- Worth £13.2 billion in 2007, in 2000 prices, construction output in Greater London accounts for approximately 16% of the UK total.
- Construction output is forecast to grow at an annual average rate of 0.8% between 2009 and 2013 for the region.
- Infrastructure and public housing are both expected to grow robustly over the forecast period. Schemes, such as Thameslink, the Olympic Games and Crossrail, are projected to have a sizeable impact.
- Total construction employment of 341,150 in 2007 in Greater London is forecast to fall to 335,830 in 2009 but then increase to 347,940 in 2013.
- To meet demand in the 2009-2013 period, after taking into account those entering the industry other than from training and those leaving, 6,030 new workers will be required to join the industry each year.
- The largest occupational group in 2007 was the non-construction professional, technical, IT, and other office-based staff, which comprised of 12.7% of total construction industry employment in the region.
- The largest annual recruitment requirements are expected to be for wood trades and interior fit-out and painters and decorators.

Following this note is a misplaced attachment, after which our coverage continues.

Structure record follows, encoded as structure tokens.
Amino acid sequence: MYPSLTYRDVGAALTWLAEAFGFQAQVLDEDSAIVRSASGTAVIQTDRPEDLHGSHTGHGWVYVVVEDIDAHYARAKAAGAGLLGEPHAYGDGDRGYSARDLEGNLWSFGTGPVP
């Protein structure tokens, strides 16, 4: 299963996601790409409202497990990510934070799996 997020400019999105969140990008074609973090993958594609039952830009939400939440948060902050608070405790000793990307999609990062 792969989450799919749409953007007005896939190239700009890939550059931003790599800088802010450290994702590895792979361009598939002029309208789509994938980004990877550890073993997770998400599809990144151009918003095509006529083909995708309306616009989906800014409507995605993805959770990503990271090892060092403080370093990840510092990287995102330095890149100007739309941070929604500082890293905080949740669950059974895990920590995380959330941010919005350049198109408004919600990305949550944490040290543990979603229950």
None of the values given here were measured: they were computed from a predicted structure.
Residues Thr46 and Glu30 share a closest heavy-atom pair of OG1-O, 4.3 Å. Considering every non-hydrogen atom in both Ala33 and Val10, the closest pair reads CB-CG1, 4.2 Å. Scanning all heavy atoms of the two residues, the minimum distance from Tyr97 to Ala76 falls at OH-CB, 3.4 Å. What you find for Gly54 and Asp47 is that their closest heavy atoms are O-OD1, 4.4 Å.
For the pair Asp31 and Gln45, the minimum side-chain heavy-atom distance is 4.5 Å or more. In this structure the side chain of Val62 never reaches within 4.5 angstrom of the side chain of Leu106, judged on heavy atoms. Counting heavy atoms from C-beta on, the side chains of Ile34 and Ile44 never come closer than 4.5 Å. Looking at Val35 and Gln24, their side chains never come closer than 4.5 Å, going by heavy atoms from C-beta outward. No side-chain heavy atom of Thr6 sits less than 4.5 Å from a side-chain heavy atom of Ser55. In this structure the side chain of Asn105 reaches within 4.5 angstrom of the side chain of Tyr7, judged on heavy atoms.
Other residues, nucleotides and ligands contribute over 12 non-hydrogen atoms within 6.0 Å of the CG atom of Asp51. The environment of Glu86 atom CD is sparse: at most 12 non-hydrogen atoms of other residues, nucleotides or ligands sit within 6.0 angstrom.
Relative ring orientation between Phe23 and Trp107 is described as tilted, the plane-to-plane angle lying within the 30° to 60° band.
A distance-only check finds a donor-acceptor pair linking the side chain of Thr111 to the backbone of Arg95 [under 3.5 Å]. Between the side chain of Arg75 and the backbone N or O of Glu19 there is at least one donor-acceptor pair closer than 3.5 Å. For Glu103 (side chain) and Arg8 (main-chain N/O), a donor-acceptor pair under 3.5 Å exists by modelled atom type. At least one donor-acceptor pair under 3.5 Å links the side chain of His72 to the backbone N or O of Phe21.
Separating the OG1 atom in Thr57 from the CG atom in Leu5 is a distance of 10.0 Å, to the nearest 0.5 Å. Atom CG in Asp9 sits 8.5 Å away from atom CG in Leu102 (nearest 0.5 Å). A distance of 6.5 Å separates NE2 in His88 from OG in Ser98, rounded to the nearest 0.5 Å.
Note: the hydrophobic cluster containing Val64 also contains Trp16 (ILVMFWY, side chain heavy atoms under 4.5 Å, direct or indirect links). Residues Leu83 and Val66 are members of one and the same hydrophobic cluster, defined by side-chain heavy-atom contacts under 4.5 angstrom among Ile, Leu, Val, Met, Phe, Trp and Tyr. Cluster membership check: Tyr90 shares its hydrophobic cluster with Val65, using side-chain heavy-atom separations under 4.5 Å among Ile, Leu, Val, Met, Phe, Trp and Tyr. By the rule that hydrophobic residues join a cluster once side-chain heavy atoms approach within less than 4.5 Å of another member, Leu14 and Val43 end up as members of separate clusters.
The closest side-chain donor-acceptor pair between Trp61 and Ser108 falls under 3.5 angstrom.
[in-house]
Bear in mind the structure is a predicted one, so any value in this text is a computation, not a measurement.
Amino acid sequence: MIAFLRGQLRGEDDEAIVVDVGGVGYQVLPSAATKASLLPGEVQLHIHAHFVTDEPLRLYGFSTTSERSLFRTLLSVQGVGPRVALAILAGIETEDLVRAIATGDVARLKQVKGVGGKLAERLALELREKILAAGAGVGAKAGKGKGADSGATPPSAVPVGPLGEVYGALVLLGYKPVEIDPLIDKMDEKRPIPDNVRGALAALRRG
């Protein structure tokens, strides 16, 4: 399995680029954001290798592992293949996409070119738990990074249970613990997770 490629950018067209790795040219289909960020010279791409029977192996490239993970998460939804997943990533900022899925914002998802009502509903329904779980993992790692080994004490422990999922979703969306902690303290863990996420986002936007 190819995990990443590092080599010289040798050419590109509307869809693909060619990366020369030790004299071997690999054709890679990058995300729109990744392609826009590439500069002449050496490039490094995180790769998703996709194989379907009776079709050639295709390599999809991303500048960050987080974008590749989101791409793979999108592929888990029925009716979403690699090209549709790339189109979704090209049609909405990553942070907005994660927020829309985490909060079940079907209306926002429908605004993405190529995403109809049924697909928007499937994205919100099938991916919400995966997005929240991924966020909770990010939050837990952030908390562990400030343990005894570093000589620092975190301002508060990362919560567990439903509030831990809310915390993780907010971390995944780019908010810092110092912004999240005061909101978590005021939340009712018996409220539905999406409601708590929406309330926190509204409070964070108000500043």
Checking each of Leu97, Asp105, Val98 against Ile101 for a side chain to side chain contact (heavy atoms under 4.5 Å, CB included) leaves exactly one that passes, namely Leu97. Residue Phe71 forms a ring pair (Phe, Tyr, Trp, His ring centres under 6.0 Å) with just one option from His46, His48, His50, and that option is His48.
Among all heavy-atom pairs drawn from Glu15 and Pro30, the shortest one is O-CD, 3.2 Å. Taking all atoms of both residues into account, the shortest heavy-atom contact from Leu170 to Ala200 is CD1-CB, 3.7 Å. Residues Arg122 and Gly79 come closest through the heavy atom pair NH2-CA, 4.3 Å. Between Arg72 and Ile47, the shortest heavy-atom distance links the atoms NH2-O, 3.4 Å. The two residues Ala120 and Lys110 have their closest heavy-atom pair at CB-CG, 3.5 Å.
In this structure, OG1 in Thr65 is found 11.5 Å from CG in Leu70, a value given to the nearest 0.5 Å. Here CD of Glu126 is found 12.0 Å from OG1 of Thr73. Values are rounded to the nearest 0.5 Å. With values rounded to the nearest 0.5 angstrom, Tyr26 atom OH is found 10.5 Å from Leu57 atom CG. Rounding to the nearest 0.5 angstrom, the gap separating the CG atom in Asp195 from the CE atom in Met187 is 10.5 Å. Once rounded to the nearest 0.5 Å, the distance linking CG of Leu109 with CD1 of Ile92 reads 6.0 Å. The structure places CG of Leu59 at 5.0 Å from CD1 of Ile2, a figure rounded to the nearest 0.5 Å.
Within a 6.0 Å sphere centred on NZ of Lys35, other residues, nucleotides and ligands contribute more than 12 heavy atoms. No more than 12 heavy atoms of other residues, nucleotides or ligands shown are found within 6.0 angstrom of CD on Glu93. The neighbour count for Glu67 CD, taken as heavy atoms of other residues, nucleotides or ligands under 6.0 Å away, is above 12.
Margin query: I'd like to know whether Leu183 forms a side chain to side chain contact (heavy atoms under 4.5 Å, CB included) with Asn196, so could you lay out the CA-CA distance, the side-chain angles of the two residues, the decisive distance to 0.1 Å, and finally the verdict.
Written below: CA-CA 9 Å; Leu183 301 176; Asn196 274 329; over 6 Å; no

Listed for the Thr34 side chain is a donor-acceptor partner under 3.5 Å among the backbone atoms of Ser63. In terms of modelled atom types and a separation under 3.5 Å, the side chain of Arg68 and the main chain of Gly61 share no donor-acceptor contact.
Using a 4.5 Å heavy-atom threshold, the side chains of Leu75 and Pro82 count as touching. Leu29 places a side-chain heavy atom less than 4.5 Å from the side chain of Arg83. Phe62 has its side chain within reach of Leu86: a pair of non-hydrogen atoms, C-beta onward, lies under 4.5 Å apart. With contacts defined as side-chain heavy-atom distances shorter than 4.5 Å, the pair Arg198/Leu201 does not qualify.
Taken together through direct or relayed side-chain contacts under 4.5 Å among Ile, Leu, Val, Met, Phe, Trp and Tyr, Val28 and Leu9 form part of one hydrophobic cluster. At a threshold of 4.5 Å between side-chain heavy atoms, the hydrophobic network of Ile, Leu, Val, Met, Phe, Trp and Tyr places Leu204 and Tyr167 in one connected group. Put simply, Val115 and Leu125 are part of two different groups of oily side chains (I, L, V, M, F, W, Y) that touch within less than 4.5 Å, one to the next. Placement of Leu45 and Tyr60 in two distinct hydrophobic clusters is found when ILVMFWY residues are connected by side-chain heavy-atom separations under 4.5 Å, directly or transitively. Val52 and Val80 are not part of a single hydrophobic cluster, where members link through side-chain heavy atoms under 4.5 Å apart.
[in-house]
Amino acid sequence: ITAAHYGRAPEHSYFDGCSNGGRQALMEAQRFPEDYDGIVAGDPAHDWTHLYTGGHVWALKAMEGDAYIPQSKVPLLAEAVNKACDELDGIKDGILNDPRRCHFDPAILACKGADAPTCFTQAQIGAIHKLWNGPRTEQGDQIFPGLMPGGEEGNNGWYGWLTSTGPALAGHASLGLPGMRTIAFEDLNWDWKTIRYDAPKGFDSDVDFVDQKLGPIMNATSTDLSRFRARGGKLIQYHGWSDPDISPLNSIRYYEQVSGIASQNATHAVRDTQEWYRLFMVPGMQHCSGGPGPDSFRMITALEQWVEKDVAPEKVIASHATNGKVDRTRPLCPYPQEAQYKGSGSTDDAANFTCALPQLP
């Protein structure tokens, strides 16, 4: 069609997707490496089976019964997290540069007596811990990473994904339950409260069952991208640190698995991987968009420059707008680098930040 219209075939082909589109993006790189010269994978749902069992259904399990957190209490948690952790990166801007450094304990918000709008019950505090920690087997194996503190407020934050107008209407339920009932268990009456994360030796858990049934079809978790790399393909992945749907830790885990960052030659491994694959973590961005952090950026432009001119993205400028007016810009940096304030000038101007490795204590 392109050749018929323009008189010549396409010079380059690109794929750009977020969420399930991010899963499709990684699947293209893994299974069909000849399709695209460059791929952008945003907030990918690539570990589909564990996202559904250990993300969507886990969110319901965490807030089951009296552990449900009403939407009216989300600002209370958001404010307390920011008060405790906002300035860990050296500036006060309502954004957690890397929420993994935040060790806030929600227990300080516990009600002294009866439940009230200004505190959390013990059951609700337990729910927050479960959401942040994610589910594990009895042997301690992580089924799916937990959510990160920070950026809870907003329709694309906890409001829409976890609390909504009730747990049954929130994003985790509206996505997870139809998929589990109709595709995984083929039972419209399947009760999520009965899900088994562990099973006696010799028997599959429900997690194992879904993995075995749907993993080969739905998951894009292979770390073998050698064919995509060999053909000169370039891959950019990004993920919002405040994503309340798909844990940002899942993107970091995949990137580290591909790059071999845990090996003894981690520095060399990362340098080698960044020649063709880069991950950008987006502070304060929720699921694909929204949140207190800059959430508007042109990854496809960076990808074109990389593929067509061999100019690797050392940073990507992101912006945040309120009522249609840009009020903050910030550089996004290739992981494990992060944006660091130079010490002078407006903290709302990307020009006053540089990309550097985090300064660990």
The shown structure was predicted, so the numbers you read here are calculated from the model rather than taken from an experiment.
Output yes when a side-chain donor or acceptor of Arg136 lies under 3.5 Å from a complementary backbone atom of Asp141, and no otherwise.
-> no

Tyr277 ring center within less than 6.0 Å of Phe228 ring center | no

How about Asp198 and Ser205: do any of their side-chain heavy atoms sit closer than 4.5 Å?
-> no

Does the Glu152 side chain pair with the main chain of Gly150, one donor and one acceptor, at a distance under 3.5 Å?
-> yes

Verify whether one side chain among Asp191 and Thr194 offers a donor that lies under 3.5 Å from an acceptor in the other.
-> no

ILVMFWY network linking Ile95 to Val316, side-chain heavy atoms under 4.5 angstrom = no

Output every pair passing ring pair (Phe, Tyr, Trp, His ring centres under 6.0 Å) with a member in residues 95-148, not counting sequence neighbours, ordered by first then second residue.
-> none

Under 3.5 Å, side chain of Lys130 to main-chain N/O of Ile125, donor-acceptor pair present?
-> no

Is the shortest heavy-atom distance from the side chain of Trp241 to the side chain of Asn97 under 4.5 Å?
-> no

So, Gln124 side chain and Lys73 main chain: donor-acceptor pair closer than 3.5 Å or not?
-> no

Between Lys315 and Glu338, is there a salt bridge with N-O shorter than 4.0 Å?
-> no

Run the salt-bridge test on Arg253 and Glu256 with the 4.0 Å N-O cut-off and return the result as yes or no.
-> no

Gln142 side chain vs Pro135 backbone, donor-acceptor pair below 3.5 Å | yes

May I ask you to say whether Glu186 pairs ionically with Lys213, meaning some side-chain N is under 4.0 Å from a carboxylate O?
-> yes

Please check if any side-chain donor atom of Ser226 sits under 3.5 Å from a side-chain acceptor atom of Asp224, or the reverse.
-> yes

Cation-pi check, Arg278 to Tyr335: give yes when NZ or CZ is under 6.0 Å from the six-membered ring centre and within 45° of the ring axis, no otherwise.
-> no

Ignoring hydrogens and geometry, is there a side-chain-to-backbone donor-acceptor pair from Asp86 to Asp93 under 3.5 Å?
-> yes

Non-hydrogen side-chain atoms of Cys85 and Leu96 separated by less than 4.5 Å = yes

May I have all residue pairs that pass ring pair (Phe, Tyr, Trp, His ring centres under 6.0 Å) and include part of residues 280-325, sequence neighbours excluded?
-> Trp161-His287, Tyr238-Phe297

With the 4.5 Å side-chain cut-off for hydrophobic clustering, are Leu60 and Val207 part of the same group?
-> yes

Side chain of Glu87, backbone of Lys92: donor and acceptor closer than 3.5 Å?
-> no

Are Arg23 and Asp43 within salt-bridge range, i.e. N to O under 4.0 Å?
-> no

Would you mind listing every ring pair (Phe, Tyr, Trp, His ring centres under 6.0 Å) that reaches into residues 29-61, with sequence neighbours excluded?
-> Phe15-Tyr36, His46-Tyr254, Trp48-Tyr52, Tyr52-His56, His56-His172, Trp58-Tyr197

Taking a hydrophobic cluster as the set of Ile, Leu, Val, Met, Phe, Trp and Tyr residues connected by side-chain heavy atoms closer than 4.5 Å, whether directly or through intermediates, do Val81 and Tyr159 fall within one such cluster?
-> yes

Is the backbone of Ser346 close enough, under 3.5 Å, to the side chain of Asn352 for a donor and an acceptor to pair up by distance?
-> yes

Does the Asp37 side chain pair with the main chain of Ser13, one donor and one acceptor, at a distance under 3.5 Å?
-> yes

In craft roles, the highest requirements are for labourers (640) and plant operatives (510). There are little or no requirements for: wood trade and interior fit out; bricklayers; painters and decorators; roofers; floorers; plant mechanics/fitters; plus plumbing and heating, ventilation and air conditioning trades.
There are an estimated 10,280 technical staff in the construction sector in the region, which is expected to rise a little to 10,300 in 2014. Annual recruitment requirements to 2014 for the region are insignificant.
In professional and managerial roles, there are annual recruitment requirements for senior executive and business process managers (470), surveyors (260), construction managers (200) and civil engineers (180). There are little or no requirements for other construction professionals and architects in the region.
Source: Blueprint for UK Construction Skills 2010-2014 and Labour Market Intelligence 2009-2013 Greater London